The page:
Gregg Ten Elshof
Comments about The Disappearance of Moral Knowledge, Part 1
Celebration of the Life of Dallas Willard, University of Southern California, School of Philosophy (October 4, 2013)
I’d like to thank Professor Soames, Barrington Smith-Seetachitt and everyone else who helped organize and make this event possible. It’s an honor for me to participate with a few comments about this very important project. I got to know Dallas as a graduate student here at USC in the 90’s and I know that this project had been foremost in his thinking for as long as I knew him.
The book seeks both to explain and to provide a way back from the disappearance of moral knowledge that Professor Soames referred to in his opening remarks. I’ll say a few words here about his explanation of the disappearance. Then I’ll hand it over to Professor Porter to say something about Willard’s proposed way back.
Willard thinks of the disappearance of moral knowledge as a social and historical phenomenon whose explanation has more to do with a number of historical factors than with any philosophical demonstration (or even proposed demonstration) of the impossibility or non-existence of knowledge in the moral domain. These non-philosophical causes include such things as these:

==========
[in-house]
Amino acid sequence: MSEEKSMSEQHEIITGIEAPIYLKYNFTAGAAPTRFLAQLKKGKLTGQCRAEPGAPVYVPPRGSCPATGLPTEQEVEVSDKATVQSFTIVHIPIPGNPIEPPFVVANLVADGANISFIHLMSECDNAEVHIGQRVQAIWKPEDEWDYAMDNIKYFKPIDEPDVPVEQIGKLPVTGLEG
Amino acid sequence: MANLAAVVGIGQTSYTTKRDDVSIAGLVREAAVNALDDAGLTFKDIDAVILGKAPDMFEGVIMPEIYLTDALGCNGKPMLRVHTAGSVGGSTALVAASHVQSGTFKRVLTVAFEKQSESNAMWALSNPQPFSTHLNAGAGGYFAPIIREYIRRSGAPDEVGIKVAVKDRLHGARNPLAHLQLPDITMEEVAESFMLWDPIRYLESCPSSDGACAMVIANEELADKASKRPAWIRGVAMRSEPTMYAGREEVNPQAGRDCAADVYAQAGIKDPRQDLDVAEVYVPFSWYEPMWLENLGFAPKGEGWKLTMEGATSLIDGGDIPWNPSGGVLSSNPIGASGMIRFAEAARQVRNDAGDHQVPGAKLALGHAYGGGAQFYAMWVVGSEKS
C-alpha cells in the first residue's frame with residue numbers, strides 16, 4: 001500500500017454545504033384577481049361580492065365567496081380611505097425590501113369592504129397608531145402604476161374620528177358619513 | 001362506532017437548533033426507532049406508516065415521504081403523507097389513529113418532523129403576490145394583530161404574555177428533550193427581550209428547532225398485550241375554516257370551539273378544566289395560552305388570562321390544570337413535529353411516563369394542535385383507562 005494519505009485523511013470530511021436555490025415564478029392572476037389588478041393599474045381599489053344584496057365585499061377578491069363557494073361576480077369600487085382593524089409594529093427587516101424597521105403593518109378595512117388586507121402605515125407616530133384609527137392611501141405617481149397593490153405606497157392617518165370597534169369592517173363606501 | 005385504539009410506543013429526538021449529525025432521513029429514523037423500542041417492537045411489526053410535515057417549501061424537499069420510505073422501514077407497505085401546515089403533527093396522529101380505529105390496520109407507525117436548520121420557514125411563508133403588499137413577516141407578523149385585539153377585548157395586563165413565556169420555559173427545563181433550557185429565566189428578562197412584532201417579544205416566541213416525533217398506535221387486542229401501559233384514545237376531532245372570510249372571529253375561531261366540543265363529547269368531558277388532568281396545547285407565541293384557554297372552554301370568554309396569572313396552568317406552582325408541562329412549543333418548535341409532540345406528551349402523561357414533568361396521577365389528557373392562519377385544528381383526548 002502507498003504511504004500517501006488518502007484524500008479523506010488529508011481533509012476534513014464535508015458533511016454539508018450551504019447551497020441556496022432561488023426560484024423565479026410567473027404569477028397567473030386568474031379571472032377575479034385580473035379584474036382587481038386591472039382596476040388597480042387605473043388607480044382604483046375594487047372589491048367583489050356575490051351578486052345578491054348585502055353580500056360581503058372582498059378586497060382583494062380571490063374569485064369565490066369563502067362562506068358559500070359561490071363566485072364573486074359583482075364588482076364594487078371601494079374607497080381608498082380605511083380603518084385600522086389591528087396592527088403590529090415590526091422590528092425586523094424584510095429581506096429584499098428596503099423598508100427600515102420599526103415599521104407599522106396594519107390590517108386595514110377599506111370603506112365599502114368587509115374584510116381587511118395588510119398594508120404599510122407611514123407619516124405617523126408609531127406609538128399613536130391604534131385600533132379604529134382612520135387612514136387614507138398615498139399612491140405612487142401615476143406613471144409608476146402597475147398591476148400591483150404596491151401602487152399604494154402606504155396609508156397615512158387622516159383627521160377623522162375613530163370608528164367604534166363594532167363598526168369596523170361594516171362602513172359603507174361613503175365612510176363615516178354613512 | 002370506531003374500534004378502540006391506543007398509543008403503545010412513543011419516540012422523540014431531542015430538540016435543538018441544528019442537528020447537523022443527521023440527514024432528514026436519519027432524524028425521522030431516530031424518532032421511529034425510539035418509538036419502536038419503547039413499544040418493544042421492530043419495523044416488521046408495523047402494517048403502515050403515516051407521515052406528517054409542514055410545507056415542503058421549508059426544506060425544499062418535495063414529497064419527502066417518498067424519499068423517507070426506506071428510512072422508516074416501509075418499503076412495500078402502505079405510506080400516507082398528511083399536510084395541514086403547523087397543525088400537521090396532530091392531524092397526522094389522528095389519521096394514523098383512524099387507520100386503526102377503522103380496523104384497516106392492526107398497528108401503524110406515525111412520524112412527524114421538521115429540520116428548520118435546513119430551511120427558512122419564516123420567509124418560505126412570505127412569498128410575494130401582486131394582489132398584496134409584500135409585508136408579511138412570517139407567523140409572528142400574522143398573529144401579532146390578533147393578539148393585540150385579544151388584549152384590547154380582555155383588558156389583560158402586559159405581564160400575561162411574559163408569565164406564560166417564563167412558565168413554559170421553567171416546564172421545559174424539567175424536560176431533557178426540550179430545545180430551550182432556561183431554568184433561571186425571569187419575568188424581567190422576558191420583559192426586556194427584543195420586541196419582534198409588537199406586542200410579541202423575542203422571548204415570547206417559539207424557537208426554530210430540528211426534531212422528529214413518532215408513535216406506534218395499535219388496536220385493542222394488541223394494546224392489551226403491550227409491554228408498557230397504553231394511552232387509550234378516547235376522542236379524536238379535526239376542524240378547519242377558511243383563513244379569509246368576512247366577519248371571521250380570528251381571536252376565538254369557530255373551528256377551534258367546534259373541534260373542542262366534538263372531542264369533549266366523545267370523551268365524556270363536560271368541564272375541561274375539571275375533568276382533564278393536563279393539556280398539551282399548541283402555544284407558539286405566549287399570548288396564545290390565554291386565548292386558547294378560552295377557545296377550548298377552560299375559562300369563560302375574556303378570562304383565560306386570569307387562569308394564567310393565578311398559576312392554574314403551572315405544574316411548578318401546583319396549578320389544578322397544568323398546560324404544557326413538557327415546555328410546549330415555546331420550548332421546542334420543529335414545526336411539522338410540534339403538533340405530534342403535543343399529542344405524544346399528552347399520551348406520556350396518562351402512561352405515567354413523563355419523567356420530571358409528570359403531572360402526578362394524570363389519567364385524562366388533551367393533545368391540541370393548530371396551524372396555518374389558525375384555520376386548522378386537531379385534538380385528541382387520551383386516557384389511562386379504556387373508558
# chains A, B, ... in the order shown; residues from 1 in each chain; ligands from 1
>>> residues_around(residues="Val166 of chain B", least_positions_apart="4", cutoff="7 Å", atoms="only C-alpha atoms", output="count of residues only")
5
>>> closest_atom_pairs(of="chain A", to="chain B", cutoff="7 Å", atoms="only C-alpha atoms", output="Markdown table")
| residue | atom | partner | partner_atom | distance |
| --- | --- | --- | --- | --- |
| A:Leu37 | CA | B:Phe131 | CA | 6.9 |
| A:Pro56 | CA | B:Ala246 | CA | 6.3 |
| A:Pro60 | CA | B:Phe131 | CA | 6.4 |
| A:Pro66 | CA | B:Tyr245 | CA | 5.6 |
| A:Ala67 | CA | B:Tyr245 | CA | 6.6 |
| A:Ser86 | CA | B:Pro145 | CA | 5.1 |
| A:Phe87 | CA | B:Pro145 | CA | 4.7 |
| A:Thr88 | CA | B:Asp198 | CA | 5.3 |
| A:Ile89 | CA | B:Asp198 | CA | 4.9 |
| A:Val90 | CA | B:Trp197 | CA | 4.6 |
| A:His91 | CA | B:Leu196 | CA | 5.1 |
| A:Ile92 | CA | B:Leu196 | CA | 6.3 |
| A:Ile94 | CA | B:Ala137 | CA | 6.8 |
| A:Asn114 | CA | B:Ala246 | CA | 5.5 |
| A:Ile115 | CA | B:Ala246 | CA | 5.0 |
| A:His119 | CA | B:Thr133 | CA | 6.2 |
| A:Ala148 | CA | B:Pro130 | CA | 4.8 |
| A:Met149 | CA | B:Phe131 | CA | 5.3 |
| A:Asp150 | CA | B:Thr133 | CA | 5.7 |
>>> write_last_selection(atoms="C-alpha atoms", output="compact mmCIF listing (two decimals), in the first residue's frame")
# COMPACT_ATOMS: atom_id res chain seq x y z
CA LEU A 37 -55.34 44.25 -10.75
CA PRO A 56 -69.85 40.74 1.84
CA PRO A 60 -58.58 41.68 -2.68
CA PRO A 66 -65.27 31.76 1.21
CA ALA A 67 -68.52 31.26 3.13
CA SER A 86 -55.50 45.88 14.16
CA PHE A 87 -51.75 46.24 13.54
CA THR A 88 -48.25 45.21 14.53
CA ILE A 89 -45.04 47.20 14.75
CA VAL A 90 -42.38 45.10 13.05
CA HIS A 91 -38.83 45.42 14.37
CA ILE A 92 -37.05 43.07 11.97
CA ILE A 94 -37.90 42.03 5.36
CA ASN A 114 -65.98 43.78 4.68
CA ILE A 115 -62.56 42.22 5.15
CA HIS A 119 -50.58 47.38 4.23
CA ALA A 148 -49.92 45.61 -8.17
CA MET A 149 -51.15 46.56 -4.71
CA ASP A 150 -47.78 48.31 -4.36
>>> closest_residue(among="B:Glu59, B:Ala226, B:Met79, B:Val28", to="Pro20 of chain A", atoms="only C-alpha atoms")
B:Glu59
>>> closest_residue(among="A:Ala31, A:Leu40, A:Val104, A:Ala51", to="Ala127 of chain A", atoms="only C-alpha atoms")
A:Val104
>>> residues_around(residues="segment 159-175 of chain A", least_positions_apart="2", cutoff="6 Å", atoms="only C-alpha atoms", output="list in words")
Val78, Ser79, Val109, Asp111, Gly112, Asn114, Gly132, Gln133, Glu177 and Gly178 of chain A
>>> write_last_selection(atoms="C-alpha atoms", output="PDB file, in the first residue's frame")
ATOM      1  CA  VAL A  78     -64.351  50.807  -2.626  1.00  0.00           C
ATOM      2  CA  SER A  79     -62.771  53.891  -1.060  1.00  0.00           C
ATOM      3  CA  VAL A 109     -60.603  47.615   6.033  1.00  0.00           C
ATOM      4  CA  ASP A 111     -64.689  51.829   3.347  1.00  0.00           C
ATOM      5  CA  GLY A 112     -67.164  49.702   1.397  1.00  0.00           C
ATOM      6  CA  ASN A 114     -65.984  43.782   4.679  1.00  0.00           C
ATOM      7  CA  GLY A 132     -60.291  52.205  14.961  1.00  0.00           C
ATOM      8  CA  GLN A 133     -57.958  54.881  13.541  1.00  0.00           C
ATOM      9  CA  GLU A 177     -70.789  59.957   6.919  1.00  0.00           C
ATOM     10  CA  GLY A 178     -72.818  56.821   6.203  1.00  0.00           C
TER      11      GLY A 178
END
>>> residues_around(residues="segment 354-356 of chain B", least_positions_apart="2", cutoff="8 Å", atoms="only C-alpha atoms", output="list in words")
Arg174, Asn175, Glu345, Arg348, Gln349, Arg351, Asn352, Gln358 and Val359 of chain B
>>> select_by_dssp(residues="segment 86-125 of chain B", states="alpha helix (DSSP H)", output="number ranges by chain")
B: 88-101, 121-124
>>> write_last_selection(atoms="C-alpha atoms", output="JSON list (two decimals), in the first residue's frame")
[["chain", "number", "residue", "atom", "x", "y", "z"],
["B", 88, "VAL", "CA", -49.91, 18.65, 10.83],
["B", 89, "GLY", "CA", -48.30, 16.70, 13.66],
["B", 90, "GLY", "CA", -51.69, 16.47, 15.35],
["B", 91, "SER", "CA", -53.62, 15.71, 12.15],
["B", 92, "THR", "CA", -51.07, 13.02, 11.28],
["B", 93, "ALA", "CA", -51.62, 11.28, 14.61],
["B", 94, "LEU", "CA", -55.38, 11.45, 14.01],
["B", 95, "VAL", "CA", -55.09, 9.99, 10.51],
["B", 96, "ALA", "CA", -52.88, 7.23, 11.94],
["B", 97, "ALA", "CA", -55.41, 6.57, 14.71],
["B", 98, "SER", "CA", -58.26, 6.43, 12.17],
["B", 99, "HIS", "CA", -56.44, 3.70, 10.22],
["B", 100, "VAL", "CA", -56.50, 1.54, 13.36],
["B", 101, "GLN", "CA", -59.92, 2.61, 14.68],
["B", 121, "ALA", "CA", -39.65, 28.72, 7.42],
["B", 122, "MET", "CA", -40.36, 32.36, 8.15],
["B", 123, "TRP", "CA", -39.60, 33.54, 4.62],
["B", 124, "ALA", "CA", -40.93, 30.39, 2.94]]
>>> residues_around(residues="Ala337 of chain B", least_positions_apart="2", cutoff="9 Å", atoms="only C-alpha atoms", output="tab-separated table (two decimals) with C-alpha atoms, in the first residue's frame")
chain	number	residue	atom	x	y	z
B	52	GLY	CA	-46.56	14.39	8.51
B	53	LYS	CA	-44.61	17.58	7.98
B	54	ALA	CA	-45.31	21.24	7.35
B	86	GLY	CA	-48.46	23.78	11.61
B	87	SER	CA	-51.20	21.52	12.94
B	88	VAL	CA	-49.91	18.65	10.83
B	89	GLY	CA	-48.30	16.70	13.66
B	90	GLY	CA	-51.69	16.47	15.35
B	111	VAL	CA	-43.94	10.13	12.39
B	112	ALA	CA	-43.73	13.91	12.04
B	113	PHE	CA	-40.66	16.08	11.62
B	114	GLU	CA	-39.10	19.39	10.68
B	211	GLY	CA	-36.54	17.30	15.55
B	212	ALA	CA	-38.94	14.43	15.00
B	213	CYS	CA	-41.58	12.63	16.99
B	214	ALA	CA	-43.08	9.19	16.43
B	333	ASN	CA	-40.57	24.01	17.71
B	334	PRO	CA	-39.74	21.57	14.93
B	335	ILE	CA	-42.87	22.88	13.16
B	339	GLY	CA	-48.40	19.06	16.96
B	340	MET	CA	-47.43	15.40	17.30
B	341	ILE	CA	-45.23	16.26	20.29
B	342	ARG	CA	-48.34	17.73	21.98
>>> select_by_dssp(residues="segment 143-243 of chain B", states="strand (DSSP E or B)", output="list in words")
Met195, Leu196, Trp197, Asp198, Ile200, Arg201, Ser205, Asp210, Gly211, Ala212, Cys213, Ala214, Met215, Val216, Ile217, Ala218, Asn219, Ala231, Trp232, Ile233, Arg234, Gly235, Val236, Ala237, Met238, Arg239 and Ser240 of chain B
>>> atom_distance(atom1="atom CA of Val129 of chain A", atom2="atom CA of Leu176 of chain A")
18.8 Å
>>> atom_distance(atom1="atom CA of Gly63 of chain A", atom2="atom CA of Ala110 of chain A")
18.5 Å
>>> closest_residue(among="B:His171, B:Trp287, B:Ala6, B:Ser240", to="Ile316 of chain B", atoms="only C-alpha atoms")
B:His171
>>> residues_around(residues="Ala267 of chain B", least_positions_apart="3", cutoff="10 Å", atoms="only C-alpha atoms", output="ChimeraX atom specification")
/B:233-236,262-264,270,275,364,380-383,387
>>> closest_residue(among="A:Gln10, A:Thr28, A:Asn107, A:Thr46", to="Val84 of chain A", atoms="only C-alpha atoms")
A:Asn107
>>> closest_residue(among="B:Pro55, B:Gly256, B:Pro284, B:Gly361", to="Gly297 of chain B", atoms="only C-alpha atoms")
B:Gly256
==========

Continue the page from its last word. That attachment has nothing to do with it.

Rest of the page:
- The discrediting of religion as a source of knowledge together with the (mistaken) conviction that religion is the only plausible source of moral knowledge.
- The rise of empiricism and the corresponding disappearance of the human self from acceptable domains of knowledge.
- Increased sensitivity to moral differences between cultures and to the harms associated with the mishandling of the moral dimension of life.
…and more besides.
While the disappearance of moral knowledge is not primarily driven by philosophical argument, however, it is solidified by a certain progression of philosophical thought in the late 19th and 20th centuries. And it is Willard’s conviction that an understanding of these philosophical developments is a crucial ingredient in the recipe for a return to the availability of moral knowledge.
You’ll be relieved to know that I’ll not attempt here a summary description of that whole progression. Instead, I’ll focus on one point in the progression from which, I think, it’s easiest to telescope forwards and backwards.
Willard begins chapter three of the book (a chapter entirely given over to the moral theory of G.E. Moore) this way:
“G.E. Moore hangs like an iron curtain between 20th Century ethical theory and its past. Looking backward, everything seems to stop with him – or to start with him, coming toward us.”
The preceding chapter (chapter 2) is given over to the moral theory of T.H. Green. Green’s theory is put forward as, perhaps, the last great attempt to develop a “science of ethics” grounded in careful examination of the inner structures of the moral agent. Moore, too, thought of himself as having developed a science of ethics. But, quite contrary to his intentions, his attempt did more to set the stage for the disappearance of moral knowledge than it did to establish the possibility of anything like a systematic body of knowledge in that domain.